Chest pain is a common symptom of anemia, and could be a sign that your treatment plan needs adjusting.
Anemia is one of the most commonly diagnosed blood disorders. While multiple versions of anemia exist, the concern is almost always the same. The condition refers to having a low red blood cell count, which means that the body might not be getting enough oxygen to sufficiently support critical functions.
Although fatigue or shortness of breath might be more common, another possible side effect of anemia is chest pain.
Understanding what triggers chest pains in anemic people, as well as how to manage symptoms or what treatments are best, is critical for regaining quality of life and controlling this disorder.
As with other conditions that are often associated with chest pain as a symptom, anemic-related chest pain can feel like you have something pressing or squeezing on your chest.
It’s also often associated with a racing heartbeat that can induce anxiety or a panic attack.
When chest pains occur, try to stay calm. Allowing your anxiety to grow can make the experience worse or even trigger additional symptoms or more severe chest pains.
When should you go to the ER with anemic chest pain?
By default, chest pain isn’t normal. So, if you experience this symptom, it’s best not to ignore it. You should seek emergency care if your chest pain:
Keep in mind that treatment options for anemia-related symptoms will usually fall into two broad categories — solutions that only treat the symptoms and solutions that work to control and reverse anemia.
While short-term treatments are great for calming the frequency or severity of anemia symptoms, your long-term goal should be to get anemia to a controlled level. This means that you’re focused on safely increasing your red blood cell count.
Treating chest pain
The severity and frequency of your chest pain, as well as any accompanying symptoms that are present, will determine the treatment plan that a physician recommends.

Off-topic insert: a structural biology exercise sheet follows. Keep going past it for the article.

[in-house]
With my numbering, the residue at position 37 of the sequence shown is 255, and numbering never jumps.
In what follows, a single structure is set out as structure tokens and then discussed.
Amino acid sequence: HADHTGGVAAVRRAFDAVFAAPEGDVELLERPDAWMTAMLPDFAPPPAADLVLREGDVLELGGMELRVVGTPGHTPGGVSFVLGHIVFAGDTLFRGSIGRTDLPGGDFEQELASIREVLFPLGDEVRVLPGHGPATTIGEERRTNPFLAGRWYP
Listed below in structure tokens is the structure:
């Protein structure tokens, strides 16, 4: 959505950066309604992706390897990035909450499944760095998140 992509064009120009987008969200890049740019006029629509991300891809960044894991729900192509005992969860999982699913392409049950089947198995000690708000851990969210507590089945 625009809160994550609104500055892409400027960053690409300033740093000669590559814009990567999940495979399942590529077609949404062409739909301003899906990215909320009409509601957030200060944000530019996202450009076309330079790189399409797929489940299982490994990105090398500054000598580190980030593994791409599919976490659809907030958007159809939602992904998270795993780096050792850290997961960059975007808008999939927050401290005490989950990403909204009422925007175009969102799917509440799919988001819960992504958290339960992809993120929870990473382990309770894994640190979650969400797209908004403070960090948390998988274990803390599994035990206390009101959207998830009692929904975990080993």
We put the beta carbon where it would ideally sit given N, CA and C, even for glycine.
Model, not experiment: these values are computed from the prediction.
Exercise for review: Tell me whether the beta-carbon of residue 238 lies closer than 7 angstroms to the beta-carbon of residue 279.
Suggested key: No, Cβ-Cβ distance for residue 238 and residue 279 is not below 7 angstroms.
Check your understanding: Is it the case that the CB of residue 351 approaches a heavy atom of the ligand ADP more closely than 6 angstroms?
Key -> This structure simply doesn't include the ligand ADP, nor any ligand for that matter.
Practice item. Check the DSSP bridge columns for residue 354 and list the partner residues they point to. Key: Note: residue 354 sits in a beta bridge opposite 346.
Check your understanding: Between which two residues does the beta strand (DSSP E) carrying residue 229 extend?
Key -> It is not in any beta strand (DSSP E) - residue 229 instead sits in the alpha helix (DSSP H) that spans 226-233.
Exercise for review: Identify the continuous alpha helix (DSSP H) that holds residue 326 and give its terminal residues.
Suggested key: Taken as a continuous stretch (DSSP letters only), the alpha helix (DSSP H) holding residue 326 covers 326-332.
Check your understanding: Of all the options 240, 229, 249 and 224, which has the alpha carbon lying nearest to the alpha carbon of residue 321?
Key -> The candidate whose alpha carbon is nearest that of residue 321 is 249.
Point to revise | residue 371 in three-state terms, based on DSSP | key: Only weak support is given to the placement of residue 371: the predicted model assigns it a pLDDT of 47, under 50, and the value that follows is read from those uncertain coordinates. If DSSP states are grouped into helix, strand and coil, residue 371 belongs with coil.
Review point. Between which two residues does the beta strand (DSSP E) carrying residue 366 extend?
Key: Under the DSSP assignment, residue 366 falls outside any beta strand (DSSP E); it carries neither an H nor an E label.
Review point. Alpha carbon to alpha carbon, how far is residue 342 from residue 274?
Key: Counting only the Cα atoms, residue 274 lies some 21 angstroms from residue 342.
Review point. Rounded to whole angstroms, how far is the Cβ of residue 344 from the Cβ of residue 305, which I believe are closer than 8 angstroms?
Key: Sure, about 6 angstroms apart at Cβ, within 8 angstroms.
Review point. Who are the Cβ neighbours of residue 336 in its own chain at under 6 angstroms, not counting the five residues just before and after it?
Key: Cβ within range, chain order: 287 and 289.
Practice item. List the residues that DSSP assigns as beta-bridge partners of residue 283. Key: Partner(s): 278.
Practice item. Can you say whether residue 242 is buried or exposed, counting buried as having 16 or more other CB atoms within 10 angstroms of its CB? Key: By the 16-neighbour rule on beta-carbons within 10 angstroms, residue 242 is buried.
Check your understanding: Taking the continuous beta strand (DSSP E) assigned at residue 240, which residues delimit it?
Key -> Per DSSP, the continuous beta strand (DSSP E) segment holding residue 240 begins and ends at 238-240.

For example, a person who frequently experiences chest pain after prolonged periods of shortness of breath might be required to begin oxygen supplementation.
Ultimately, any treatment plan that only addresses the symptoms won’t be as effective in the long term as treatments designed to correct a low red blood cell count.
- Vitamin supplements: For iron and vitamin deficiency anemia, correcting dietary choices and possibly supplementing vitamins can usually be effective at correcting the imbalance. As a result, associated symptoms should subside with time.
- Medications: Other forms of anemia may require different prescription medications that aid the body’s bone marrow in producing more red blood cells.
- Blood transfusions: Some people may benefit from a blood transfusion which can quickly help an individual increase their total number of red blood cells. Blood transfusions may be the first step for people living with more severe cases of anemia.
- Bone marrow transplant: Additionally, some people may require a bone marrow transplant if their anemia is linked to faulty stem cells that would normally work to create new blood cells.
In many instances, several of the hallmark anemic symptoms can be linked to the same cause. Chest pain, shortness of breath, fatigue, pale skin, and either racing or abnormal heart rates are all related to poor oxygenation throughout the body.
Because you don’t have enough red blood cells to efficiently distribute oxygen throughout the body, all of these symptoms are possible and highlight the strain your body is facing.
Chest pain is a byproduct of your heart not getting enough oxygen. Your red blood cells contain a molecule known as hemoglobin. This specific protein binds with oxygen in the lungs and carries it to various parts of the body.
If there’s an issue with the function or amount of red blood cells in your body, you may develop anemia.
Also, note that more specialized forms of anemia, like sickle cell disease, can also cause complications like acute chest syndrome (ACS). ACS has many symptoms, but chest pain is one of the most common.
As with other forms of anemia, ACS-related abnormalities with the red blood cells are often to blame for the chest pain. Common causes can include having an infection in the lungs, or a clump of abnormally-shaped blood cells creating a blockage in the blood vessels going to the heart or lungs.
Chest pain is never a symptom that people should ignore — regardless of their underlying health. But in people with anemia, chest pain can be a sign that their condition is worsening and that their red blood cell levels are too low.
In most cases, focusing on treating and controlling anemia is the best preventive measure a person can take to stop chest pains and other debilitating anemia symptoms.
If your chest pain worsens, occurs with increasing frequency, or is accompanied by breathing difficulties, don’t wait — go to the hospital.